GNYHA recently hosted a symposium to explore how health care emergency preparedness has changed since the September 11, 2001, terrorist attacks. The speakers discussed the shifting threat landscape and the ongoing evolution of emergency management based on numerous factors, including an aging population, climate change, and the growing complexities of health care delivery.
Dan Hanfling, MD, an emergency physician with Inova Fairfax Hospital who has participated in responses to disaster events since 1999, gave a keynote address on the evolution of health care emergency preparedness. Dr. Hanfling noted that the role of emergency managers will grow increasingly important due to the complex nature of today’s threats, which include epidemics, climate crisis, and new waves of terrorism from internal and external sources. “We live in a dangerous world, and we need someone to keep their eye on maintaining functionality and continuity and other things.” Ongoing challenges include the need to communicate better with the public. He also advocated for including emergency managers in the hospital C-suite.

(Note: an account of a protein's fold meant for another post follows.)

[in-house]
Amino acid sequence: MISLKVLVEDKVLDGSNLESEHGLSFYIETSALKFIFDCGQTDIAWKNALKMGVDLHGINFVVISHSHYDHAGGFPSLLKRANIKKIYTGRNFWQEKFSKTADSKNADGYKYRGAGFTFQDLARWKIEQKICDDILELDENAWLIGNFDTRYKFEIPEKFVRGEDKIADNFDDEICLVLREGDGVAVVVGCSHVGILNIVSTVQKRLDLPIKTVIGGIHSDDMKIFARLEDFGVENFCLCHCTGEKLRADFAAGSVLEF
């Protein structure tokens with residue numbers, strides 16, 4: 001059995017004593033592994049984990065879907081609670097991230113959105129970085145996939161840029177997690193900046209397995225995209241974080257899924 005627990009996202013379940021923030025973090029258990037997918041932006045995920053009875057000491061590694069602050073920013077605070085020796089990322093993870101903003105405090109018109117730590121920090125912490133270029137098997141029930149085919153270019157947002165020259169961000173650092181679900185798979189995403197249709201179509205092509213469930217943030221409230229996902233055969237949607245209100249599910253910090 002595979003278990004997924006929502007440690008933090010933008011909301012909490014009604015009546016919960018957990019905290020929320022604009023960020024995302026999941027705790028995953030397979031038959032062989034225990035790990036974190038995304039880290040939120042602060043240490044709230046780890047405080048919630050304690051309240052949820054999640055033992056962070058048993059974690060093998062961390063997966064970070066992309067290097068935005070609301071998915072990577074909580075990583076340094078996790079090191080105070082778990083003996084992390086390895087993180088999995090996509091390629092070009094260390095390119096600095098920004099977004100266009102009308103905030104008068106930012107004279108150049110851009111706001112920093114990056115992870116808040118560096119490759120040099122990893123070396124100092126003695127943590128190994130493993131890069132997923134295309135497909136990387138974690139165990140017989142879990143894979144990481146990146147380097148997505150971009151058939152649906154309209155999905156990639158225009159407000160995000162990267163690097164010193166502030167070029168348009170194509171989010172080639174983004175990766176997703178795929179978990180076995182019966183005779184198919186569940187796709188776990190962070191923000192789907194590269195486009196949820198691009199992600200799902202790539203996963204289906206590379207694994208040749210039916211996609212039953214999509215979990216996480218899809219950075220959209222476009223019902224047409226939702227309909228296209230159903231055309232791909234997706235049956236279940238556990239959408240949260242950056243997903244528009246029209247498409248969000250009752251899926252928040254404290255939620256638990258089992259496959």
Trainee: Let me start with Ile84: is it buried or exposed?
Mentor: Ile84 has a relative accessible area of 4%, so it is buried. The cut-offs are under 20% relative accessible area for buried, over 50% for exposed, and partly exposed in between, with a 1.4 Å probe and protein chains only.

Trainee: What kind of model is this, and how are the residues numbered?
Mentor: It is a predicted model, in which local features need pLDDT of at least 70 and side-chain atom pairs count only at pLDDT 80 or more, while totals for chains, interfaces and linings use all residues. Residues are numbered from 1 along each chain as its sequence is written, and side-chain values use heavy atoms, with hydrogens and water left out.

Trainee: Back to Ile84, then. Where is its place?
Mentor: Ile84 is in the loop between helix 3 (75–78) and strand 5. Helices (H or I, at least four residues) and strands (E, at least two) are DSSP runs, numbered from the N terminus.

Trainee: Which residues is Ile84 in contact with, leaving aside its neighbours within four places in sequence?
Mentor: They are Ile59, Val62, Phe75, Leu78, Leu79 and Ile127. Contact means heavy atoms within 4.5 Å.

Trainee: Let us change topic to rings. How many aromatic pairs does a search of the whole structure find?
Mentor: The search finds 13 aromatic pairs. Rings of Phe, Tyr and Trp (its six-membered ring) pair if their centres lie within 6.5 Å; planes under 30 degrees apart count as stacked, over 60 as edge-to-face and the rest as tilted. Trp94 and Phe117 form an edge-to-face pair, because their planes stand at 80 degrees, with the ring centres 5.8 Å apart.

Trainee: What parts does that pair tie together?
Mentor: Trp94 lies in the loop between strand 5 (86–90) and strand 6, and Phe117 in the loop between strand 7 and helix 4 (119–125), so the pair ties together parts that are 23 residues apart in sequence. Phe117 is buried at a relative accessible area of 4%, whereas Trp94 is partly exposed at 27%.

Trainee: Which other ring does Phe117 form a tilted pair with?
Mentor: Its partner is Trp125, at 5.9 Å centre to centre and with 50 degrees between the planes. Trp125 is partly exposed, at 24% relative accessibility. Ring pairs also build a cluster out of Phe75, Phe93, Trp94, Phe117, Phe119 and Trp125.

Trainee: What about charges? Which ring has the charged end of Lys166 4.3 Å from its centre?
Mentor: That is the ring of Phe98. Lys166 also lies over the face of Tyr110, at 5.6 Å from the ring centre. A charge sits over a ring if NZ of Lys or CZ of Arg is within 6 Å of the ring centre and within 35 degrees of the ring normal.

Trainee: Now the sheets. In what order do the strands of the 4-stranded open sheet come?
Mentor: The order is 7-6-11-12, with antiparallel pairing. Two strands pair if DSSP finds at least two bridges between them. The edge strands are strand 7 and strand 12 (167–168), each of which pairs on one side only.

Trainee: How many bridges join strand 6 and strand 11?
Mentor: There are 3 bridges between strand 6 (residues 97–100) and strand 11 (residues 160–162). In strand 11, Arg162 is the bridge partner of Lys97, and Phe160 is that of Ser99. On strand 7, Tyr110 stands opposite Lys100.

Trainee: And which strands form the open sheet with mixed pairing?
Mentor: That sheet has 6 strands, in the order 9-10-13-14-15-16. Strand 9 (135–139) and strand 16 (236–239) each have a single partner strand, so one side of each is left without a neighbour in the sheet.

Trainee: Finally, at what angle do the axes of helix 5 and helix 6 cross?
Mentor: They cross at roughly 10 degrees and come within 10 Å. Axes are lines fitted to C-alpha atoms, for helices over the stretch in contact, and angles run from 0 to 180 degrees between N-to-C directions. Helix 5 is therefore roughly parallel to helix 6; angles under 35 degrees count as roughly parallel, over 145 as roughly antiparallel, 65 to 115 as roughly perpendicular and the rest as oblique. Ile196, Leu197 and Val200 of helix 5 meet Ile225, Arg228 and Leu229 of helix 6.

Panelists focused on the current and future state of health care emergency preparedness. Scott Heller, Albany Medical Center’s Vice President of Emergency Management, noted that today we are in an “ongoing activation” as emergency management is called upon to manage successive emergencies.
Meghan McGinty, PhD, NYC Health + Hospitals’ Director of Emergency Management, highlighted the sector’s need to better market itself. “We’re not doing a good job communicating what we do. We don’t advocate on our own behalf effectively.” Emergency preparedness also needs to better recognize the importance of equity, she said.
Brendan Carr, MD, Professor and System Chair of Emergency Medicine at the Icahn School of Medicine at Mount Sinai and the Mount Sinai Health System, discussed incentives to elevate the work of emergency preparedness.
The panel discussion included the changing role of emergency management in an environment that seems to be in emergency mode more often than not. The event underscored the essential role of health care emergency management to hospitals, the larger health care delivery system, and the nation’ security.
A recording of the webinar can be found here.